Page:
NOTE: — There are considerable differences in the family of Robert3 Coombs based on what is presented by William Carey Coombs in Anthony Coombs and His Descendants, John Pendleton Farrow in his History of Islesborough, Maine, and in the Robert P. Coombs Family Bible records in the possession of Dawn Baker of Whitefield, ME. Because it is a primary source, we have principally relied on the Robert P. Coombs Family Bible records for the following family structure and birth dates.

Children of Robert4 P. Coombs (based on records from Robert P. Coombs Family Bible in the possession of Dawn Baker of Whitefield, ME) and a presumed, but unknown, 1st wife:183

Children of Robert4 P. and Lucy (Thomas) Coombs:184

After Lucy (Thomas) Coombs died in 1835, Robert,4 P. Coombs married (3rd) Louisa Emeline Dean in Mar 1837.

Child of Robert4 P. and Louisa Emeline (Dean) Coombs (based on record from Robert P. Coombs Family Bible in the possession of Dawn Baker of Whitefield, ME):

Ephraim4 [Anthony,3 Anthony,2 Anthony1] Coombs, born about 1777; died 9 Jan 1812, aged 36 years; married _____ of Bristol, ME.

Children of Ephraim4 Coombs:185

Benjamin4 [Anthony,3 Anthony,2 Anthony1] Coombs, married Abigail Williams, 10 Jun 1791. She died 13 July 1842.

Children of Benjamin4 and Abigail (Williams) Coombs:186

Jonathan4 [Anthony,3 Anthony,2 Anthony1] Coombs, married Martha Warren, daughter of Samuel Warren, 16 Nov or June 1790. Moved to Albion, where he died.

Children of Jonathan4 and Martha (Warren) Coombs:187

Capt. Samuel4 [Sylvanus,3 Anthony,2 Anthony1] Coombs, born 25 Jan 1781; married _____ Sproul; lived at Bristol, ME,; a sea–captain.

Children of Samuel4 and _______ (Sproul) Coombs:188

Richard4 [Sylvanus,3 Anthony,2 Anthony1] Coombs, who is probably the one who married a Fossett, went to Vassalboro to live and had at least three children.

Children of Richard4 and _______ (Fossett) Coombs:189

Mary4 [Sylvanus,3 Anthony,2 Anthony1] Jane Coombs, who married a Bailey, lived in Bristol.

Children of ________ and Mary4 Jane (Coombs) Bailey:190

  1. Anthony Coombs and His Descendants, pages 135-136.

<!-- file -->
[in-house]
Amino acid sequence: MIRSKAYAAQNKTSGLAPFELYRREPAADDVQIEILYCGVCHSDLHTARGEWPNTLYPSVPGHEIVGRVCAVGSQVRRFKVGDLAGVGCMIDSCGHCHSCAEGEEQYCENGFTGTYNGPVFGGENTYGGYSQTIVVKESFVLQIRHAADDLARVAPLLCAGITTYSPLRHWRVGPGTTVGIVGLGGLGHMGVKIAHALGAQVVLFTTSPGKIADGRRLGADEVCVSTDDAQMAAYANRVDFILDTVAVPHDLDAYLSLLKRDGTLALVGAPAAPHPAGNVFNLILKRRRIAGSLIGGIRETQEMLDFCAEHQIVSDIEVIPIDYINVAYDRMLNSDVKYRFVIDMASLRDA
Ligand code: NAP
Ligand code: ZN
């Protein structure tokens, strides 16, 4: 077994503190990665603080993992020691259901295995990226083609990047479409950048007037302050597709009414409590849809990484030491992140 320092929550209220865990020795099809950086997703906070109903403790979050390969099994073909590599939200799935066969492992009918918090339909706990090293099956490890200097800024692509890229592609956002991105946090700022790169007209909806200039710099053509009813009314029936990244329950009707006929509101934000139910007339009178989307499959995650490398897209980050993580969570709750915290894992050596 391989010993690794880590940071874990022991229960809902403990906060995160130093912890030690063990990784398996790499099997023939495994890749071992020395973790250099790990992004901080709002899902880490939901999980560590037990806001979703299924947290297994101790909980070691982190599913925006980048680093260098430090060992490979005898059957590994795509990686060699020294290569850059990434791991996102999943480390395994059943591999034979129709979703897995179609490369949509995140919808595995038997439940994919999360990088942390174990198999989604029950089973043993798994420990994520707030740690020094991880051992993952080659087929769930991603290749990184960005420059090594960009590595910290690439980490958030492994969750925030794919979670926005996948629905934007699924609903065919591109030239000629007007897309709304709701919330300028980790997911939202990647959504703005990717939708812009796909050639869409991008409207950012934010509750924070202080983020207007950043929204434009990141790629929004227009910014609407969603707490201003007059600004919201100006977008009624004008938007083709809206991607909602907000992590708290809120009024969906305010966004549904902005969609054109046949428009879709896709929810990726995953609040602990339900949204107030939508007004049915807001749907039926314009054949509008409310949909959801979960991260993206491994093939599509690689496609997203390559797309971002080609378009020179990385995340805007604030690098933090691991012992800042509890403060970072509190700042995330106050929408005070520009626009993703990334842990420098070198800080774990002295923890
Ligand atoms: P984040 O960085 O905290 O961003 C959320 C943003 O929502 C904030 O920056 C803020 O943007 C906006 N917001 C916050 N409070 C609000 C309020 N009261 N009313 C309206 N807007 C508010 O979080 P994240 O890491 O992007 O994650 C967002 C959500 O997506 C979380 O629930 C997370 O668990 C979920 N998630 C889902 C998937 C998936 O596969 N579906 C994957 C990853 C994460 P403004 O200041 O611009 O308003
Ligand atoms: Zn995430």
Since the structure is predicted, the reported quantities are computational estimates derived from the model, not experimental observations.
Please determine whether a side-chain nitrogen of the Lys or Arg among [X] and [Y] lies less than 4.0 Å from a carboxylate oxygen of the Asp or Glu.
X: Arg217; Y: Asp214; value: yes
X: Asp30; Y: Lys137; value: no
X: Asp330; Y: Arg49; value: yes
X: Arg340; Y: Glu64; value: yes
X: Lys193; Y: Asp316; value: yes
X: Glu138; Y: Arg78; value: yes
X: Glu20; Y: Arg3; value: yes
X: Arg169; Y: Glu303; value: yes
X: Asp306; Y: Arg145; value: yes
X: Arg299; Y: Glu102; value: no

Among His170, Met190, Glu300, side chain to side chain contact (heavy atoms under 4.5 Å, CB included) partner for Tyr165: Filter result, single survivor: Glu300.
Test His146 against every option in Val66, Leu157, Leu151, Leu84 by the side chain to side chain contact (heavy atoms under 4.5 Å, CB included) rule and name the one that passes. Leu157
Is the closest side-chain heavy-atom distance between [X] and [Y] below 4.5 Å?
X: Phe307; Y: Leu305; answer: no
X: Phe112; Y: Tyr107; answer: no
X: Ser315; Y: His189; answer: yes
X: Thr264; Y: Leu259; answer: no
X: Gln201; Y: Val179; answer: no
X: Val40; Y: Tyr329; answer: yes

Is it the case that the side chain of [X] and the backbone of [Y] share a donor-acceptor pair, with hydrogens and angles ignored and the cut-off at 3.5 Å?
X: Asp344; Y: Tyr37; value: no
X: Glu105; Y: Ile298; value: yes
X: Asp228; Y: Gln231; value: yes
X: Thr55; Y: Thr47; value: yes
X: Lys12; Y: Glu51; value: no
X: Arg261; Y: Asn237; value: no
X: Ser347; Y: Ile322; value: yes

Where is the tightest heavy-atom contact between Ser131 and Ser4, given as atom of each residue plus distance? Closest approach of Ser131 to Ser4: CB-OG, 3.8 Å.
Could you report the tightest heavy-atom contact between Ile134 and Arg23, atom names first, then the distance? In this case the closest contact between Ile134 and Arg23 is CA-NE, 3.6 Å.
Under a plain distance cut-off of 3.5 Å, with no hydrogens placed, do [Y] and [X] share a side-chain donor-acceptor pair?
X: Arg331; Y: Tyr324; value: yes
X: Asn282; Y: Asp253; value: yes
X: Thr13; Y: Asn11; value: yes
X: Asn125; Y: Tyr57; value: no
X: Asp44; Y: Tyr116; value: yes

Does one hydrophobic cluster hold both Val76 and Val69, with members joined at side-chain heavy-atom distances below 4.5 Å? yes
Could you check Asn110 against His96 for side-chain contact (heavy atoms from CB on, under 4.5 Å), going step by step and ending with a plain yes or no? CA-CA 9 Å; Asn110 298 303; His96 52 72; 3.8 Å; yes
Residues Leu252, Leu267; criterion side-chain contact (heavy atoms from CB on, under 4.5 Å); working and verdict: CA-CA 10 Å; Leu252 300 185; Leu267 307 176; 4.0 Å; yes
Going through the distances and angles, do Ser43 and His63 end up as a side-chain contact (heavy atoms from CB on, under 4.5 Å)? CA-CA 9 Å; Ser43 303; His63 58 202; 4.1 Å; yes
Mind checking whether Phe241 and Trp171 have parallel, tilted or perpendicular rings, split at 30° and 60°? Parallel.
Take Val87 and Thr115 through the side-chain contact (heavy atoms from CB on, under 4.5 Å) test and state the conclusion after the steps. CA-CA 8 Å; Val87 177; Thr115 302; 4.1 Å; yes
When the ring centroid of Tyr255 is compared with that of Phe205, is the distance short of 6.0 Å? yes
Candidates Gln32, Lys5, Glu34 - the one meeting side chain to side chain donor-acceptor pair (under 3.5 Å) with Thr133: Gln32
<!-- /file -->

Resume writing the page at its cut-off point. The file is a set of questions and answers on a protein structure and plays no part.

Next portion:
2. Anthony Coombs and His Descendants, page 136.
  3. Massachusetts Archives, Vol. 136, pages 270-280.
  4. Bangor Historical Magazine, Vol. II, pages 70 and 120.
  5. Collection of the Maine Historical Society, Vol. XVIII, page 160.
  6. Collection of the Maine Historical Society, Vol. XV, page 124.
  7. History of Islesborough, Maine, page 11.
  8. History of Islesborough, Maine, pages 39 and 41.
  9. History of Islesborough, Maine, page 32.
  10. History of Islesborough, Maine, page 176.
  11. Anthony Coombs and His Descendants, page 136.
  12. Robert P. Coombs Family Bible, in possession of Dawn Baker, Whitefield, ME.
  13. Merchant Sail, by William Armstrong Fairburn, printed by L. Middleditch Co., Published by Fairburn Marine Educational Foundation, Inc., Centre Lovell, ME, Volume V, pages 3462-3.
  14. Merchant Sail, page 3462.
  15. Anthony Coombs and His Descendants, pages 138 and 139.
  16. History of Islesborough, Maine, page 176 and Anthony Coombs and His Descendants, page 136.
  17. History of Islesborough, Maine, pages 176-7.
  18. History of Islesborough, pages 11 and 93.
  19. History of Islesborough, page 284.
  20. History of Islesborough, page 67.
  21. Family papers in the possession of Whitney J. Coombs, Littlestown, PA.
  22. Robert P. Coombs Family Bible, in possession of Dawn Baker, Whitefield, ME.
  23. Family papers in the possession of Whitney J. Coombs, Littlestown, PA.
  24. Isaiah D. Coombs' Civil War Pension file, Vinalhaven Historical Society, Vinalhaven, ME.
  25. Robert P. Coombs Family Bible, in possession of Dawn Baker, Whitefield, ME.
  26. Robert P. Coombs Family Bible, in possession of Dawn Baker, Whitefield, ME.
  27. History of Islesborough, Maine, page 177.
  28. History of Islesborough, Maine, page 179.
  29. History of Islesborough, Maine, page 179.
  30. Anthony Coombs and His Descendants, pages 138 - 139.
  31. Anthony Coombs and His Descendants, page 139.
  32. Anthony Coombs and His Descendants, page 139.

Next: The Fifth Generation and their Children of the Sixth Anthony2 & Mercy (Hodgkins) Coombs